When 1954 Ohio Wesleyan University graduate Gordon Smith thinks about Stuyvesant Hall, he is transported back to a time shortly after midnight on a Saturday morning during his time as an OWU student.
Smith recalls that after Stuyvesant Hall’s signature bell tower chimed at 12:30 a.m.—curfew for the young women who lived inside—he and all of his fellow fraternity brothers walked over to the outdoor courtyard 15 minutes later to serenade the female freshmen with love songs and other musical melodies.
“That, indeed, is a pleasant memory,” said Smith, who later married Helen Crider, a 1956 OWU alumna and current Life Trustee for the university.
Helen Crider Smith also spoke during the groundbreaking ceremony, held Thursday afternoon in the building’s courtyard, 223 W. William St. The Potomac, Maryland, couple are among the many OWU alumni and friends making contributions to fund the 15-month, $15-million renovation project, which will result in the chimes’ ringing once again.
As she stood at the lectern, Helen Smith noted that she was able to look up at the second-floor window of the Stuyvesant Hall room she called home back when the building was in its prime.
Smith said she is excited that the renovation project will restore the beauty of the historic structure and make it “even more functional for the way students live today.”
Although the renovation of Stuyvesant Hall had been an OWU priority for many years, the project rocketed forward in February, when the university received an anonymous $5 million challenge gift to support the project. The gift urged the university to break ground this spring.
Helen Smith said the energy created by the anonymous gift has been palpable. “It was exciting to see many people who felt the same way joining hands to seize the moment. Now we can’t wait to see the final project.”
The renovation will transform 74,000 square feet of Stuyvesant Hall, one of 11 Ohio Wesleyan buildings on the National Register of Historic Places. The project will add a new south entrance, new courtyard terrace, and environmentally friendly elements including energy-efficient heating, cooling, and lighting. The university will register the project with the U.S. Green Building Council, which reviews construction and awards LEED (Leadership in Energy and Environmental Design) certification.
Wendy Piper, OWU’s Assistant Dean of Student Affairs and Director of Residential Life, said the renovated building will be an integral part of the residential campus experience provided by Ohio Wesleyan.
“It is our belief and philosophy that what makes an Ohio Wesleyan education distinct is the immersion and engagement in a residential community where leadership skills are honed, lasting friendships are made, and life lessons are learned—all which complement [students’] academic and classroom experiences,” Piper said, adding that she is excited to see Stuyvesant Hall once again become an in-demand location for students to live.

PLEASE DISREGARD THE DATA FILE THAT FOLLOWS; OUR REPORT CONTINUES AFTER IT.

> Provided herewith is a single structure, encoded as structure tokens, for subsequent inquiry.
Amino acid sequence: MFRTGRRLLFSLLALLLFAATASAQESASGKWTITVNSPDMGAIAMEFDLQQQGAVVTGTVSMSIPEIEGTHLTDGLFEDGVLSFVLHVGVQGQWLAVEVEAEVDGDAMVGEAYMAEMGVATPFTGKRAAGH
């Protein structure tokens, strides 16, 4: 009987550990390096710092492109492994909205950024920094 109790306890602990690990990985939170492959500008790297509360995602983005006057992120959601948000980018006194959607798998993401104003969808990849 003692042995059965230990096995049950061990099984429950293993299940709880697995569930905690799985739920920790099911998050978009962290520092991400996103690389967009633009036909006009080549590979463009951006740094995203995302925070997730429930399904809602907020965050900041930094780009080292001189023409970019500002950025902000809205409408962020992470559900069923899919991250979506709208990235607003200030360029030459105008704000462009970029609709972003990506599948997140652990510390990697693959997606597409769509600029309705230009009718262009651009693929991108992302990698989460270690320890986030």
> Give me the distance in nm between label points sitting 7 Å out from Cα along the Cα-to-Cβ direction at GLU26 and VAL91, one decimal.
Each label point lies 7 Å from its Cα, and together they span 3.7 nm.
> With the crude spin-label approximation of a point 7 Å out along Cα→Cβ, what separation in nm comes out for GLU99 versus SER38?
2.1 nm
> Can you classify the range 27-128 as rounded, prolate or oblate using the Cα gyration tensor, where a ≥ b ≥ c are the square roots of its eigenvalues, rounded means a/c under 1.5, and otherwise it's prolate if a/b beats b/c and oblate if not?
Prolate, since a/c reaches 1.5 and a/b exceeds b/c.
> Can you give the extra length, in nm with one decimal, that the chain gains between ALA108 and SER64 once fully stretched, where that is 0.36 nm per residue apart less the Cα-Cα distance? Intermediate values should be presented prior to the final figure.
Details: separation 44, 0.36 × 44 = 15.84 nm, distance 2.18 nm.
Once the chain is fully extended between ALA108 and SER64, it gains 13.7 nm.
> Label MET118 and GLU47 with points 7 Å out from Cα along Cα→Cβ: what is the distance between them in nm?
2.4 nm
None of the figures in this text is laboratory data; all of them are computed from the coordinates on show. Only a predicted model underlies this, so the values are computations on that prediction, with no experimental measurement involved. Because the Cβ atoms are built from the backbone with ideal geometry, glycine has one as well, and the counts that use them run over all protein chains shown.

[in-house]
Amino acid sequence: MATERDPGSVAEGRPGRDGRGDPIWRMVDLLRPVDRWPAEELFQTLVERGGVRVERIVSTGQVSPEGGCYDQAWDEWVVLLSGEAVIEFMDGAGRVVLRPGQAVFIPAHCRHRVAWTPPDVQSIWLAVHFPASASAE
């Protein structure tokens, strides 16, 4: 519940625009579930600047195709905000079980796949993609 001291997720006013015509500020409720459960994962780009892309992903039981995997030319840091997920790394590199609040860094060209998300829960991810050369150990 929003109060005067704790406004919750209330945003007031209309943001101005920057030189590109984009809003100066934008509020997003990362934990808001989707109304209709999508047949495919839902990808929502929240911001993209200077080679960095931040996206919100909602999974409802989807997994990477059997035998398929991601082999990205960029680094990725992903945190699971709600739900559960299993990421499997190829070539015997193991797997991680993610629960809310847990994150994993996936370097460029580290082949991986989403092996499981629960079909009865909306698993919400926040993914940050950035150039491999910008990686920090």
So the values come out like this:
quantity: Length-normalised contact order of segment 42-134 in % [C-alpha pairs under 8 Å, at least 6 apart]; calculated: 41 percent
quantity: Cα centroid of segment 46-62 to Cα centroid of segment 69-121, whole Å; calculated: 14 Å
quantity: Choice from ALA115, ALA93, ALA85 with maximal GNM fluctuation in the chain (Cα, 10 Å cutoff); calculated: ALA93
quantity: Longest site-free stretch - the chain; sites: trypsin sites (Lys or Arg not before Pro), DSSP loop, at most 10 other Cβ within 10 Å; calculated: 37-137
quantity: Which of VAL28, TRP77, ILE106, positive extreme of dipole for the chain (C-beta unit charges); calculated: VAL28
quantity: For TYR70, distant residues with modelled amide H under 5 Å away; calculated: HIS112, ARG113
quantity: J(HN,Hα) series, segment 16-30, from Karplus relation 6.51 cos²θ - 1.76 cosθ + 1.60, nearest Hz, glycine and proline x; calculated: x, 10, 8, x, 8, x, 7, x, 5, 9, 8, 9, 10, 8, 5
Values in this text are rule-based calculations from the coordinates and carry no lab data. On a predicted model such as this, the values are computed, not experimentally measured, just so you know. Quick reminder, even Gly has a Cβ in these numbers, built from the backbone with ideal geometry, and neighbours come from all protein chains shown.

Tim Carney, a member of OWU’s Class of 2012 and Vice President of the Wesleyan Council on Student Affairs (WCSA), agreed with Piper, telling the crowd that despite Stuyvesant Hall’s rich history and tradition, students have considered it “hot, dirty, and old.”
“This renovation sets a new benchmark for residential life at OWU,” said Carney of Berkeley Heights, New Jersey.
Mike Long, Chairman of the Ohio Wesleyan Board of Trustees, thanked all of the project donors and recognized President Rock Jones for working “tirelessly and at a feverish pace” to meet the funding challenge and pushing the project forward. Long, a 1966 OWU alumnus, called the feat “nothing short of remarkable.”
Jones said he remembers touring Stuyvesant Hall in 2007, when he still was a candidate for the OWU presidency. Jones said he and his wife, Melissa Lollar Jones, were struck by the building’s beauty.
“I remember thinking, ‘What a treasure and what a need,’ ” Jones said, adding his thanks to the Trustees and the project’s many donors and supporters for “sharing and fulfilling the vision for renovation.”
“What a great day. What a great day, Evan Corns, to be a Bishop,” Jones said, borrowing a favorite phrase from Corns, a 1959 OWU graduate and Alumni Trustee from Pepper Pike, Ohio.
Though the $5 million anonymous challenge has been met, fund-raising will continue for the Stuyvesant Hall project and other OWU campus priorities. Jones said he is especially gratified that, to date, 83 percent of the people approached to support Stuyvesant Hall have made contributions.
“That’s almost unheard of,” Jones said, “and it speaks volumes about the power of the OWU residential campus experience and the love our alumni and friends have for the university. I’m grateful for this outpouring of support.”